Understanding and Measuring Uncertainty
Many economic decisions involve a guess about the future: people’s decisions about purchasing houses or big-ticket items; companies’ choices about when and where to build new factories, whether to invest in capital equipment and how many workers to hire; and governments’ choices about spending and tax policies, among others. Uncertainty about the future can cause these transactions to be deferred or foregone. Thus, an understanding of uncertainty is important for an understanding of many economic outcomes. What are different types of uncertainty? How can uncertainty be measured? Are there times when uncertainty is higher? Are there places where there are systematically greater levels of uncertainty?
While uncertainty is inherently unobservable, researchers have found ways to gauge its level.
- One can consider two types of uncertainty: risk and ambiguity. This distinction was made by Professor Frank Knight of the University of Chicago in his 1921 book "Risk, Uncertainty and Profit". He identified risk as occurring when the range of potential outcomes, and the likelihood of each, is well known – for example, a flipped coin has an equal chance of coming up heads or tails. One could answer a question like “How many times would you expect a coin to come up heads if it is tossed 100 times?” with both a best guess (50) and a “confidence interval” (for example, in this case there is about a 95 percent chance that a fair coin will come up heads between 40 and 60 times). In contrast, what has become known as “Knightian uncertainty” or “ambiguity” arises when the distribution of outcomes is unknown, such as when the question is very broad or when it refers to a rare or novel event. At the outset of the COVID-19 pandemic, for example, there was a tremendous spike in Knightian uncertainty. Because this was a novel coronavirus, and pandemics are not frequent events, it was very difficult to assess likely impacts or predict the number of deaths with a high degree of confidence.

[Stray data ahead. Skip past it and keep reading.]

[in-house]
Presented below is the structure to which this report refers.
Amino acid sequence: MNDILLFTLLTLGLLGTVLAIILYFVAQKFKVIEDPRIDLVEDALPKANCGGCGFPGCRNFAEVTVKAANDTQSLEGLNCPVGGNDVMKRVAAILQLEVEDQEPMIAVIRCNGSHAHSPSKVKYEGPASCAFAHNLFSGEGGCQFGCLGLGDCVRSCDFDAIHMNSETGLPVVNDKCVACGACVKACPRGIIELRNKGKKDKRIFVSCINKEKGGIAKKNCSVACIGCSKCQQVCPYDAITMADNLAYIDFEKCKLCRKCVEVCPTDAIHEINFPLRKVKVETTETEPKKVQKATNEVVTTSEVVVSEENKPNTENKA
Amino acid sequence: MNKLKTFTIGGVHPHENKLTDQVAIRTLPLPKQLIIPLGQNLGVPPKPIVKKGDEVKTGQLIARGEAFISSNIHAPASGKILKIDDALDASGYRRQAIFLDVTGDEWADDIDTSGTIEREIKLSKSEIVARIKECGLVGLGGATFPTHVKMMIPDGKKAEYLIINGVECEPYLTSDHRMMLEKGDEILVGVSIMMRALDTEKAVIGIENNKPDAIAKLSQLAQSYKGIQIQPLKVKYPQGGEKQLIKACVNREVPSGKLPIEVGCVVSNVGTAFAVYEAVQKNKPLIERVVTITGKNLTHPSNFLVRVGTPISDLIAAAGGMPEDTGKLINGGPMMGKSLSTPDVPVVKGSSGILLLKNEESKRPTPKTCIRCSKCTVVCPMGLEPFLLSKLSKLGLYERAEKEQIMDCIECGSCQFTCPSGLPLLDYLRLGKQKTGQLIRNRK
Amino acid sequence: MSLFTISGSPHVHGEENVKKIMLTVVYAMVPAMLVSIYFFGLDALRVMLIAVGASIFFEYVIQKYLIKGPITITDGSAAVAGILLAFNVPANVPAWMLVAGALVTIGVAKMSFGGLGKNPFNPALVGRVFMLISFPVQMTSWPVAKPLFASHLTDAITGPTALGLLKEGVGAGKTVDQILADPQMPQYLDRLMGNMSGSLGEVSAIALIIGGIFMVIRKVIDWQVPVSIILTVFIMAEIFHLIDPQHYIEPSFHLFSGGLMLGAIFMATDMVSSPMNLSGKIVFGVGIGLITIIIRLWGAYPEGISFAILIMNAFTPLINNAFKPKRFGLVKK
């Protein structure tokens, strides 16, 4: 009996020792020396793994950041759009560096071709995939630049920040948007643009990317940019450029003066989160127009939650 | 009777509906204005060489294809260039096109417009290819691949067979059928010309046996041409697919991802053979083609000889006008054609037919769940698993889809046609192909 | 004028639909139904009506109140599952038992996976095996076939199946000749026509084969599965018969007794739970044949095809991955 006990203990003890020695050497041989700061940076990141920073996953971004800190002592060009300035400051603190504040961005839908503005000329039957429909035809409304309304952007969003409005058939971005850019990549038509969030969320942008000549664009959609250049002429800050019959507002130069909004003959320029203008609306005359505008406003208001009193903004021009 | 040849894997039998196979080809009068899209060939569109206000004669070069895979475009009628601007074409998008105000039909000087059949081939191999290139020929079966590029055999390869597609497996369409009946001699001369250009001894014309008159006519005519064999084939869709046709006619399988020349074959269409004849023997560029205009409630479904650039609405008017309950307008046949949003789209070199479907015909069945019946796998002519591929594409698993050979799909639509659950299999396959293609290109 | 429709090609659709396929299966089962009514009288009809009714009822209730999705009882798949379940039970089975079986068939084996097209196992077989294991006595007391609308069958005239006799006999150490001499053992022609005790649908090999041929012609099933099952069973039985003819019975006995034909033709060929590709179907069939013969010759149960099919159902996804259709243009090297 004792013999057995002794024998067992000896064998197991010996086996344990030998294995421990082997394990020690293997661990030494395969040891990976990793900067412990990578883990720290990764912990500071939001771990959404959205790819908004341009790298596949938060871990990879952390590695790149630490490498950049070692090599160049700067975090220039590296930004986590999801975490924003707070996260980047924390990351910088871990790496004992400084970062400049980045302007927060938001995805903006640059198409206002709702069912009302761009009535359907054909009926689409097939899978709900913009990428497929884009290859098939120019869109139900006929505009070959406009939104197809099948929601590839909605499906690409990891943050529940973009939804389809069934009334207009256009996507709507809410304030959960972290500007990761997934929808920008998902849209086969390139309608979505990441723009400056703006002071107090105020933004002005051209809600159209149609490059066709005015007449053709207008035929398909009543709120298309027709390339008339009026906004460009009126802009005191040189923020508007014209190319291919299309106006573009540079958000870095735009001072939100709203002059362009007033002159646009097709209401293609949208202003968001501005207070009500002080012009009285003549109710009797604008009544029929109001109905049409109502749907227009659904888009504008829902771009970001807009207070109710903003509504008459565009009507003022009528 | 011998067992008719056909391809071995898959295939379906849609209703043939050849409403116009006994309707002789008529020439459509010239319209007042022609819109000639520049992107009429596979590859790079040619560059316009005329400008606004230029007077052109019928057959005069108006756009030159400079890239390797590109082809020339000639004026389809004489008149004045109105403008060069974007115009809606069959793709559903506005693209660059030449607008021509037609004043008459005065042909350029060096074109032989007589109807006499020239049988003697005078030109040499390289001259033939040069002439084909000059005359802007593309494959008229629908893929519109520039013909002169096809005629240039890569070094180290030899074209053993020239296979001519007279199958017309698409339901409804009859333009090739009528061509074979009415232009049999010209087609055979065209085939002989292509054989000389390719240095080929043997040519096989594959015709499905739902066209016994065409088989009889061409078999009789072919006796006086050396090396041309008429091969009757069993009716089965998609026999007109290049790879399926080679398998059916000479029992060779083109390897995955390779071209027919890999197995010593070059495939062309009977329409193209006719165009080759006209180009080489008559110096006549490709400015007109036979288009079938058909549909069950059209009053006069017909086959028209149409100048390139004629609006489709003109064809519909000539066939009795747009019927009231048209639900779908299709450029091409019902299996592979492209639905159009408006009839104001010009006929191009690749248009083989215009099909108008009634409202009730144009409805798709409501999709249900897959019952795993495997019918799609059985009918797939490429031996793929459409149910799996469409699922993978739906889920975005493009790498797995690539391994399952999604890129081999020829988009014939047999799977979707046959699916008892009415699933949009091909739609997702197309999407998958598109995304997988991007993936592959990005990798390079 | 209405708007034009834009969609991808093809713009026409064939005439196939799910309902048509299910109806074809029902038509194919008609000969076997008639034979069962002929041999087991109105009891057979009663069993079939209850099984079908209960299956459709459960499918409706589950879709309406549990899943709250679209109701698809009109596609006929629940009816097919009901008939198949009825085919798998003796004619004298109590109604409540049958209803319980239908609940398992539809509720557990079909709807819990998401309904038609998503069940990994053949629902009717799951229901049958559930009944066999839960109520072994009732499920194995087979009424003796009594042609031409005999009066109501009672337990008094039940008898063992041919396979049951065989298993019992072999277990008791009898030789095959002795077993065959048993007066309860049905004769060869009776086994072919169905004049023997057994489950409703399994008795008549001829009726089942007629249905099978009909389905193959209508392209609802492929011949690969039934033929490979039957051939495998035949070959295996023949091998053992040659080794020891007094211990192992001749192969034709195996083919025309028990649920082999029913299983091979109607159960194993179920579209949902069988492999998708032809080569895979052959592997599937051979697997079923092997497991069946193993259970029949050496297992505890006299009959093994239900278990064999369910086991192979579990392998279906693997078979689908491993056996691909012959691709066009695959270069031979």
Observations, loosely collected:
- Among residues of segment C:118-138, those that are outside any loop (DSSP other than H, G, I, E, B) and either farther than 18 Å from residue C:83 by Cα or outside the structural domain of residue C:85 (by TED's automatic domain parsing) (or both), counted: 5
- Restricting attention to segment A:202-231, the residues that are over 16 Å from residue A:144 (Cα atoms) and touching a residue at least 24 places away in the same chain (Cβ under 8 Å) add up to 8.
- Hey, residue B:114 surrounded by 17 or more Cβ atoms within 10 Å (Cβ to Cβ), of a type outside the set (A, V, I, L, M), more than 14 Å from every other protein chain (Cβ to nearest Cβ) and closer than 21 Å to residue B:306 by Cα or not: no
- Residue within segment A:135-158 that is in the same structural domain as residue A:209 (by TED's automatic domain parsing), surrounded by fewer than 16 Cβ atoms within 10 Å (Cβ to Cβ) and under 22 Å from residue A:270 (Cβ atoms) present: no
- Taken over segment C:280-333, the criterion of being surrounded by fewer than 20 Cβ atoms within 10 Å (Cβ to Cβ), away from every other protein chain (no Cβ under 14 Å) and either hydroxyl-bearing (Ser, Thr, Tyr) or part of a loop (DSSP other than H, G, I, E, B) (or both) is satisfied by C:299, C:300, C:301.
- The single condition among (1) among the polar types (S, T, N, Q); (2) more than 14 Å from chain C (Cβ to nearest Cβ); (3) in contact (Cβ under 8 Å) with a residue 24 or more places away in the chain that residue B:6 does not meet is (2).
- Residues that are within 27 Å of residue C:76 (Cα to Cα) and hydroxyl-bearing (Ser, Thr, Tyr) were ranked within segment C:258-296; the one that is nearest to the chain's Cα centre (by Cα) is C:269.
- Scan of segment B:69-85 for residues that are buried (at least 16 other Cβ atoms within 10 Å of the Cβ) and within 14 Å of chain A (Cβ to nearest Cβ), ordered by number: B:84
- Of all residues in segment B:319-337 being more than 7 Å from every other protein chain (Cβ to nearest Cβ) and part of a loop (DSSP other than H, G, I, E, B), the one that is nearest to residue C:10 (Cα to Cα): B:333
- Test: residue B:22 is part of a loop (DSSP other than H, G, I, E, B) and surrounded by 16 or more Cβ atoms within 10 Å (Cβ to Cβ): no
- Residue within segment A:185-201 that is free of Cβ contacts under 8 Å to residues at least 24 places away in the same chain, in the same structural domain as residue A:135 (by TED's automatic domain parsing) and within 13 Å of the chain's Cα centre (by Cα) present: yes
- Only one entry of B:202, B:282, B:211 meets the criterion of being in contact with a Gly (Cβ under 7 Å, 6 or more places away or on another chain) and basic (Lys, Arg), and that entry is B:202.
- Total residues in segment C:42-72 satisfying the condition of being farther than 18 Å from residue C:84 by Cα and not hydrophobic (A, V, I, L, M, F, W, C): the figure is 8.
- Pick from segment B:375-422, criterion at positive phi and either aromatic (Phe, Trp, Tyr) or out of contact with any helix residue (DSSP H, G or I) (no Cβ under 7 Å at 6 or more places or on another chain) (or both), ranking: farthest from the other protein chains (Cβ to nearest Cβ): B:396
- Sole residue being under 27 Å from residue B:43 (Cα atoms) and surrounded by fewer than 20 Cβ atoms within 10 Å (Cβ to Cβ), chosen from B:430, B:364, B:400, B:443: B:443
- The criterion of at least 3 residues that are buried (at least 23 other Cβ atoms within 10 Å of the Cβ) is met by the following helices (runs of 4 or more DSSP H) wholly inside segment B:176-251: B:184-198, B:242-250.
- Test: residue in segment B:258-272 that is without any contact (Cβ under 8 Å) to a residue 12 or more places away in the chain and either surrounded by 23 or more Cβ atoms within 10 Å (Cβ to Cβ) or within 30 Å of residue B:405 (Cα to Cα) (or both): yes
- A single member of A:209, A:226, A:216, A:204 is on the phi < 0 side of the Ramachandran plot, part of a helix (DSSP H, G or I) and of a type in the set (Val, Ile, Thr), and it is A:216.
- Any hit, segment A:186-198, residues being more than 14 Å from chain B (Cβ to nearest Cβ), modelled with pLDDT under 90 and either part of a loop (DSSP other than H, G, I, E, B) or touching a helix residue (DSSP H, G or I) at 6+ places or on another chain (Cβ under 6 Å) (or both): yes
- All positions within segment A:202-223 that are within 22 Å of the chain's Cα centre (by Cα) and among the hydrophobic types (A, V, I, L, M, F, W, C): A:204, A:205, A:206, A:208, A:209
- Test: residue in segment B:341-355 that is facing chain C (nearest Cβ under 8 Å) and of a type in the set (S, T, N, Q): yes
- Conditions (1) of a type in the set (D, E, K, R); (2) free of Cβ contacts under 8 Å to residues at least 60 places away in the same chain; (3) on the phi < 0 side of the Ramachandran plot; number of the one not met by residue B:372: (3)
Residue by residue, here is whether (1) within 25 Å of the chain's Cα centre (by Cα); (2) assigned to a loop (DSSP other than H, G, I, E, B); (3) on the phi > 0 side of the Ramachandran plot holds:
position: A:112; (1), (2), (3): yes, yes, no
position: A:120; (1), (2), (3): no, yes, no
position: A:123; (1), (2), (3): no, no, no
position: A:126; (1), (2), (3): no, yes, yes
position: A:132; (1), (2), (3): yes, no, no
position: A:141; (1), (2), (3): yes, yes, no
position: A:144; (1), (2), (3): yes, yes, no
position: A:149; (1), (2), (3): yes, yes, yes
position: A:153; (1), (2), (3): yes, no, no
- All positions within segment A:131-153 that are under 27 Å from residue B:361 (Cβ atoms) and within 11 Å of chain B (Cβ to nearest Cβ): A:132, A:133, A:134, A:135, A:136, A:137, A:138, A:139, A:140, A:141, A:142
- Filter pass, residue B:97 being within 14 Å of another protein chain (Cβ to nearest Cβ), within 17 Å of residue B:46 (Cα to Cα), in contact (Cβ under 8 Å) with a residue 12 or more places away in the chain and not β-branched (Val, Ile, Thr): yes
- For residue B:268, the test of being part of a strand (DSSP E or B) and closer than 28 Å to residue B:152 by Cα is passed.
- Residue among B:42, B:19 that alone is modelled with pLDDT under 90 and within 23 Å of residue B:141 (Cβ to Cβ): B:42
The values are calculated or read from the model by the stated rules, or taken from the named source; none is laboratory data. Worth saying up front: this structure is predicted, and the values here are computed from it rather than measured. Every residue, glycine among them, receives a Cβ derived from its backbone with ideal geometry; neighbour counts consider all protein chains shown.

- While uncertainty is inherently unobservable, researchers have found ways to gauge its level. There are three broad groups of measures. One set is from financial markets. Asset prices reflect beliefs about the future so asset price volatility, or information gleaned from more sophisticated financial instruments, can serve as proxies for uncertainty. A second set of measures of uncertainty draws on survey data. Questions asked in some of these surveys tend to be qualitative (e.g. the survey may ask "How uncertain are you right now? Low, medium, high, or very high?"). Other surveys may ask managers to assign probabilities to different levels of their company’s future sales, which offers insights into the degree of agreement among them regarding future expectations. A third set of measures looks at the frequency of words reflecting uncertainty in newspapers. One example of this uses reports from the Economist Intelligence Unit, which appear monthly and cover about 140 countries. The reports have a very standardized structure which allows for cross-country comparisons in a manner that is not available with, say, scraping information from newspapers since newspapers differ markedly across countries. Overall, indicators of uncertainty tend to track each other. But they are not always aligned. For instance, after president Trump was elected in 2016, uncertainty measures derived from the use of the word uncertainty in news reports showed a much larger spike than those that were based on financial market volatility. In reverse, the Global Financial Crisis in 2008 showed a larger rise in stock-market measured uncertainty than newspaper discussions of economic uncertainty.